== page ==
Thinking of the Unthinkable
I “stood down” today. Just took a day and did nothing; nothing but reflect on who I am, where I’m headed, and when I’ll get there. Took time to reflect on the loss of six fellow aviators, six airshow performers, six friends. As the day continued, that list grew as I remembered more.
Such introspection may not be good for honing that “winning edge” or “killer instinct” that I sometimes need in my business and professional life, but as Lee Lauderback recently reminded me “…we are not a war.”
Maybe I have been on a “war footing” in the airshow business too. Stay with me, this gets deep, it’s not pleasant; but as Montaine’s de-briefings of my narration performance were not always pleasant, I always came away a better performer.
Many years ago, Evelyn Johnson, a 70,000+ hour CFI at Morristown TN, told me that she no longer attended airshows because she had seen too many friends die. I did not understand. After all, I am a former military aviator, combat veteran and macho guy - I've seen death, lived with death, caused death; I know death is a part of the game. I have accepted the loss of fellow aviators, friends and acquaintances as a matter of course. Sort of a cost of doing business or the Catch 22 “in an operation this size, you gotta expect losses.”
Saturday afternoon, May 27th, as I opened an email about the French Connection, Evelyn's words came flooding back into my mind. It took me over an hour to tell Jane that Daniel and Montaine were gone. Maybe it's because I'm becoming an old man, but I cried then and I openly cried at the memorial service in Flagler - That's right, Hugh Oldham, combat veteran, hard nosed businessman, the jump pilot who watched the medics cart off a fatality and then yelled for the next lift to suit up.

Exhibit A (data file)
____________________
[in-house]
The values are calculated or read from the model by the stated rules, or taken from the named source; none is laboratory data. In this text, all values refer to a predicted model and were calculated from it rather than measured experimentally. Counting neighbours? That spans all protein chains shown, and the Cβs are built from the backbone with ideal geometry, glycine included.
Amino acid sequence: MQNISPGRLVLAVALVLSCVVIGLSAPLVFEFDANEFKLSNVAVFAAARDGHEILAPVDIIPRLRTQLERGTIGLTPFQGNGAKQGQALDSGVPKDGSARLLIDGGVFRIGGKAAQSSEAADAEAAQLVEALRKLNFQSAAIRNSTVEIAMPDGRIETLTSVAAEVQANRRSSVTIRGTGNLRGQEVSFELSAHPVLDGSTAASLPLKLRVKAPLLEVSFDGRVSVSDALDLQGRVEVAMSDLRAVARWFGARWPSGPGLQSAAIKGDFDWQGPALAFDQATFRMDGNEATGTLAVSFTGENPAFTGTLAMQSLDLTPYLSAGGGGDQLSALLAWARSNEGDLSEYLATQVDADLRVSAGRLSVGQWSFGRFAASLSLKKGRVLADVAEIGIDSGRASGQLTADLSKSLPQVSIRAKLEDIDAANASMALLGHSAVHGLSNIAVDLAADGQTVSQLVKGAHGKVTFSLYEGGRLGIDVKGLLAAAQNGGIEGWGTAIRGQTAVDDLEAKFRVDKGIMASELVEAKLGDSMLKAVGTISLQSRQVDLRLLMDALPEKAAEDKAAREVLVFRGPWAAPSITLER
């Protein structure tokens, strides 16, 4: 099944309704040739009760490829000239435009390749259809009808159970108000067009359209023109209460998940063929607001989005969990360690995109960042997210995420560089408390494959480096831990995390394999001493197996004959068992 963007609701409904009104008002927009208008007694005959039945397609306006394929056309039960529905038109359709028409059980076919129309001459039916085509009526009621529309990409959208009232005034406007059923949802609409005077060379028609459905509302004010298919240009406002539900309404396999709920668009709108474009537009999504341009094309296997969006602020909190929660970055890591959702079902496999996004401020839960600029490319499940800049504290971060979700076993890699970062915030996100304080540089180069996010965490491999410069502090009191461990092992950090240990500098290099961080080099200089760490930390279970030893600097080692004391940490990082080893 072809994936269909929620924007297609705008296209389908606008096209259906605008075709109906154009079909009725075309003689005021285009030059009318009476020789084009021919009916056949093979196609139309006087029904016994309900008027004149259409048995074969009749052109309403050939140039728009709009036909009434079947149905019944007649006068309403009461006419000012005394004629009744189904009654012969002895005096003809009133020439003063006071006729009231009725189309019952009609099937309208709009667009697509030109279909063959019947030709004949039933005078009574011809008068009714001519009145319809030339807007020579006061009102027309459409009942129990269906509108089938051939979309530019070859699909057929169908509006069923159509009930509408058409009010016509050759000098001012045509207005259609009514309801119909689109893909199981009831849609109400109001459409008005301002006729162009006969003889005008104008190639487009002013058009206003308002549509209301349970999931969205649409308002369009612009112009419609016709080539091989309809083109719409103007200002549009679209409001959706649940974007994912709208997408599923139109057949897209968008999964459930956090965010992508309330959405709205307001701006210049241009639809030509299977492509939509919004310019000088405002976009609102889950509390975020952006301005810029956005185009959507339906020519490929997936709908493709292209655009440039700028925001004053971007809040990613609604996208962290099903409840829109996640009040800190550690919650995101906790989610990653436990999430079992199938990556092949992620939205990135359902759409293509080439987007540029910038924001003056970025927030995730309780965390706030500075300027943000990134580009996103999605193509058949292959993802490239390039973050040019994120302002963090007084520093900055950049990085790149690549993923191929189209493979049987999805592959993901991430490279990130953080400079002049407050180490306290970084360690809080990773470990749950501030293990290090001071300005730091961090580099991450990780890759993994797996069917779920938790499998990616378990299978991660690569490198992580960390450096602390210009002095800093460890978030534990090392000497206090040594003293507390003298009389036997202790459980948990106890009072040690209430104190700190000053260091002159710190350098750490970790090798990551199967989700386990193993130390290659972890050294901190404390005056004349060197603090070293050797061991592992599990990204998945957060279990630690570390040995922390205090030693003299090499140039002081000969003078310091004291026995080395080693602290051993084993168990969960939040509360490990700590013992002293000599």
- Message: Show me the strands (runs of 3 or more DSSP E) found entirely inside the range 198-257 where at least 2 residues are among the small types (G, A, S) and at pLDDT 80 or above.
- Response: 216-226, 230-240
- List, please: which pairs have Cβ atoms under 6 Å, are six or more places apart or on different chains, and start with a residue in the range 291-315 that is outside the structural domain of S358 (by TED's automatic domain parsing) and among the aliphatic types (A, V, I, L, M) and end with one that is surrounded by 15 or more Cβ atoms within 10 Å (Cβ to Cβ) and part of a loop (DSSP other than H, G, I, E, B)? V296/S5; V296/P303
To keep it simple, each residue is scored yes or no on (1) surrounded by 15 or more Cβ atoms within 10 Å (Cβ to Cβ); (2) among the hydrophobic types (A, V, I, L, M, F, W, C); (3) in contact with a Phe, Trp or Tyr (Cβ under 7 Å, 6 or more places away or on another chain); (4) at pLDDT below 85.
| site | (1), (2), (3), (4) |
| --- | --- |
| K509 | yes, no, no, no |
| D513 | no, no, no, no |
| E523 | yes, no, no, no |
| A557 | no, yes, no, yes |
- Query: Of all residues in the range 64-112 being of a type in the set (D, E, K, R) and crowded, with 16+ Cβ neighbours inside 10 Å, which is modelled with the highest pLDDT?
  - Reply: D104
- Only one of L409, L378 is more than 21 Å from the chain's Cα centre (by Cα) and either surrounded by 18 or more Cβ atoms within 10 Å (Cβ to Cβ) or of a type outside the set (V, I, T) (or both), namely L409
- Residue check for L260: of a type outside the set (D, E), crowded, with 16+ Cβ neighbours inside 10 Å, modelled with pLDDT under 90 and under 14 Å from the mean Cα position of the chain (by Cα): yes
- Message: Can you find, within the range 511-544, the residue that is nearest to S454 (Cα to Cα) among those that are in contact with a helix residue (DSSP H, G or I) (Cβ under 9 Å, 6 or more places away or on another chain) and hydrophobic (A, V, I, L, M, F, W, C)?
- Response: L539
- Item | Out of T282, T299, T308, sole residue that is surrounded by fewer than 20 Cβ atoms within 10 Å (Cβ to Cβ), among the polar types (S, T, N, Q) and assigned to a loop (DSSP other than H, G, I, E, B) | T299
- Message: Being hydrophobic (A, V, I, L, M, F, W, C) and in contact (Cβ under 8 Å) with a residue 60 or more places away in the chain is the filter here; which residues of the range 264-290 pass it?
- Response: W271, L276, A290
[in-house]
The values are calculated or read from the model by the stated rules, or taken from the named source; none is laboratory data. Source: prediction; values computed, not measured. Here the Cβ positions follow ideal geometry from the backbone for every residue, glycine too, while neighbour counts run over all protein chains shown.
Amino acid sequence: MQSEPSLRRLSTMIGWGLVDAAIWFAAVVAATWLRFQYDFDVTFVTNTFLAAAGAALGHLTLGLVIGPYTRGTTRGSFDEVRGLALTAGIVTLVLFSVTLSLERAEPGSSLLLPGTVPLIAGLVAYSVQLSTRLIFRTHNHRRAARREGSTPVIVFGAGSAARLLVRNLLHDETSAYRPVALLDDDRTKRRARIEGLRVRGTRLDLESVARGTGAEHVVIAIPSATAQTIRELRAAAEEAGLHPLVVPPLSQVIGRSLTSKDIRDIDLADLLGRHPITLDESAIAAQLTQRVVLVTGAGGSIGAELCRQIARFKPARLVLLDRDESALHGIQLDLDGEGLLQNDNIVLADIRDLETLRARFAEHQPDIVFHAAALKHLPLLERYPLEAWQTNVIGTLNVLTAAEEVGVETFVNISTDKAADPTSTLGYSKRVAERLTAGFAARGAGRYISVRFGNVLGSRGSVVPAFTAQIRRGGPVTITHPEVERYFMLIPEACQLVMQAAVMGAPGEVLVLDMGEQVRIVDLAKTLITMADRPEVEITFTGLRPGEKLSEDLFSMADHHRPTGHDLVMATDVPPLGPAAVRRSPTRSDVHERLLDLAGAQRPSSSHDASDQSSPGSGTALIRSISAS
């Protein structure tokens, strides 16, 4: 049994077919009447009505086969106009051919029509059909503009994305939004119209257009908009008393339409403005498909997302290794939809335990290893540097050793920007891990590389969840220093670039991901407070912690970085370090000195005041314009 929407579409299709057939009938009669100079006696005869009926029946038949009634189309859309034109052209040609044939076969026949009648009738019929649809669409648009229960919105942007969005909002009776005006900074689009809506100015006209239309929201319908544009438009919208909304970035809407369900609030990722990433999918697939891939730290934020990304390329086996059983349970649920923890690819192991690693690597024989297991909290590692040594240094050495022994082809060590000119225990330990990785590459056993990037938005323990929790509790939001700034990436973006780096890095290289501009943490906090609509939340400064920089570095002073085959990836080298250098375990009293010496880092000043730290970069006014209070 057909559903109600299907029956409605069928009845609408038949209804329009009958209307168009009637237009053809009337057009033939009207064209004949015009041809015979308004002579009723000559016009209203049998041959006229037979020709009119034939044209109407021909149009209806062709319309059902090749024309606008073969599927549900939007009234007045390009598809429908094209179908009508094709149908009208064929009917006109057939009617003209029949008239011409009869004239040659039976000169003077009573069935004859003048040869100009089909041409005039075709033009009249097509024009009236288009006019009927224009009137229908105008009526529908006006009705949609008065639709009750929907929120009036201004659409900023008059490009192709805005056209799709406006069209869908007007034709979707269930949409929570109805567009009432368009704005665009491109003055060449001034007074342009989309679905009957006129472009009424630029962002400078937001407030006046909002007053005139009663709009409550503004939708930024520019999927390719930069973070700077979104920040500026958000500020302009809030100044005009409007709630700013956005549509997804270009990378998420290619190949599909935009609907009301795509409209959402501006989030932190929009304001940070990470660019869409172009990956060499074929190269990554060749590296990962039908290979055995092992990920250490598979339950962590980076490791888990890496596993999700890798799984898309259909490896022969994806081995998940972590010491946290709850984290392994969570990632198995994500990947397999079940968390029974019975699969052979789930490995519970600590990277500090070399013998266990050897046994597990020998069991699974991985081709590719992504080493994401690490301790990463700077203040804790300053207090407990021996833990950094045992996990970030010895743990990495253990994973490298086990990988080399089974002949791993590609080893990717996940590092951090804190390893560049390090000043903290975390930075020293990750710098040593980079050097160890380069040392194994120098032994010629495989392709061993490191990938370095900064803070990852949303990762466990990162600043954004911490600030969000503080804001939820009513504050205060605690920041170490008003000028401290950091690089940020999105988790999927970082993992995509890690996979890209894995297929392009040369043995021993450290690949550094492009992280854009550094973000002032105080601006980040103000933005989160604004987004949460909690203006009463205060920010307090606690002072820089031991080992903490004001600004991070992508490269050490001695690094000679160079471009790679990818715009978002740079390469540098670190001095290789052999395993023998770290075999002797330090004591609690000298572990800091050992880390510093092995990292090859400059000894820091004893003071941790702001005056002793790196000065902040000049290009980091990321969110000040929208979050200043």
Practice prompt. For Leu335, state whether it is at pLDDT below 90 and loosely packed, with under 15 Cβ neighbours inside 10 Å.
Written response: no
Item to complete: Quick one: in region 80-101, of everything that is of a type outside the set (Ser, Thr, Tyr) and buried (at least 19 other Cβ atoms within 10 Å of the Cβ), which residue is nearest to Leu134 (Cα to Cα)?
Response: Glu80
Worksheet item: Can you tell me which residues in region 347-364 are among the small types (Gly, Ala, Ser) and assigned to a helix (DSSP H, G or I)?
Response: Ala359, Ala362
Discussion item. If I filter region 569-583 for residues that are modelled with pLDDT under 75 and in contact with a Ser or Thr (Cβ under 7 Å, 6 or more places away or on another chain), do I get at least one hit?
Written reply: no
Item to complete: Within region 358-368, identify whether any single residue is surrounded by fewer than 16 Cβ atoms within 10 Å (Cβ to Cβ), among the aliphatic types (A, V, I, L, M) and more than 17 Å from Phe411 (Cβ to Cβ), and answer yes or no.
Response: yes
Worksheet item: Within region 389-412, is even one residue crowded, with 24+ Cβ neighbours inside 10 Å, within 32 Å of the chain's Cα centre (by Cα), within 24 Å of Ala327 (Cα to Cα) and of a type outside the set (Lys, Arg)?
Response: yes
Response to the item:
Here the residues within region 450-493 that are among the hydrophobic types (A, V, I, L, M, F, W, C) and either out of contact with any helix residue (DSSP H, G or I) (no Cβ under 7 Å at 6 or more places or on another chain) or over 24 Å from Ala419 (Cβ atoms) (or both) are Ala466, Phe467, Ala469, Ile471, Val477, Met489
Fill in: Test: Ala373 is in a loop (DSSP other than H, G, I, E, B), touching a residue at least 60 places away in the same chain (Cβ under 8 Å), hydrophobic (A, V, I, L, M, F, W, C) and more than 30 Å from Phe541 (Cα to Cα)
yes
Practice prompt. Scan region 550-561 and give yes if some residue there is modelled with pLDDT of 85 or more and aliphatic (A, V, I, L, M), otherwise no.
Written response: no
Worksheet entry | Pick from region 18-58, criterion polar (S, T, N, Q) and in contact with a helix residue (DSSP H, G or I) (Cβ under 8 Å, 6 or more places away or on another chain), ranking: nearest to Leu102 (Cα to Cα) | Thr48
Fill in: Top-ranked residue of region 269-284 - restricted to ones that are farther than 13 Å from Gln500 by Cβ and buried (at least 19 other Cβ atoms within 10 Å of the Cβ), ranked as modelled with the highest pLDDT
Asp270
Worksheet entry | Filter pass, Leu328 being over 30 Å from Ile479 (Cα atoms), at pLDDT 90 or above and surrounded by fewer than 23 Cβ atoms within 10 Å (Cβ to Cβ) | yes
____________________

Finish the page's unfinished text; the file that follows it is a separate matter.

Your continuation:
Then, comes news from Willow Grove. I thought is a very sick promo for the MSNBC airshow safety program. I narrated for Dye and Burgstrom at Chattanooga in April. The hole in my heart was enlarged.
Then email again brings more sad news, John Lillberg gone. Midair collision. I last work for him in Stewart Fl.
Those who have flown with me, read my articles, spoken with me face to face on the subject, know that my public position on safety vs. showmanship is balanced by a very proactive stance and personal involvement in spectator safety and protection. I have always advocated the highest standards of spectator protection and indicated that as long as the spectators were safe, the safety of the performers was a personal issue each performer addressed individually.
I am wrong. Performer safety impacts all of us personally and professionally.
Yes, I have spoken with some of you when I felt the envelope was being pushed too far. Many have indicated your resentment of my unsolicited critique. One pilot indicating that my “penguin status” makes my comments moot; another unsolicited safety comment costing me a long time show.
For too many members of this industry, the message has been clearly communicated, by this industry, that safety should be paid lip service but being a safety advocate is not to be permitted and, in fact, is detrimental to one's pocket book.
That message is wrong.
My message, to this industry is the same Evelyn Johnson past to me so many years ago: "I've lost too many friends."
What can we and especially I do about this situation?
The President of ICAS has indicated that increased government regulation is not the answer; either is a stronger ACE program or moving the hard deck of the aerobatic box higher. I agree.
I think our collective attitude has been more detrimental then any lack of altitude.
That attitude must change.
“If it is to be, its up to me.” Sorry if I push your comfort zone.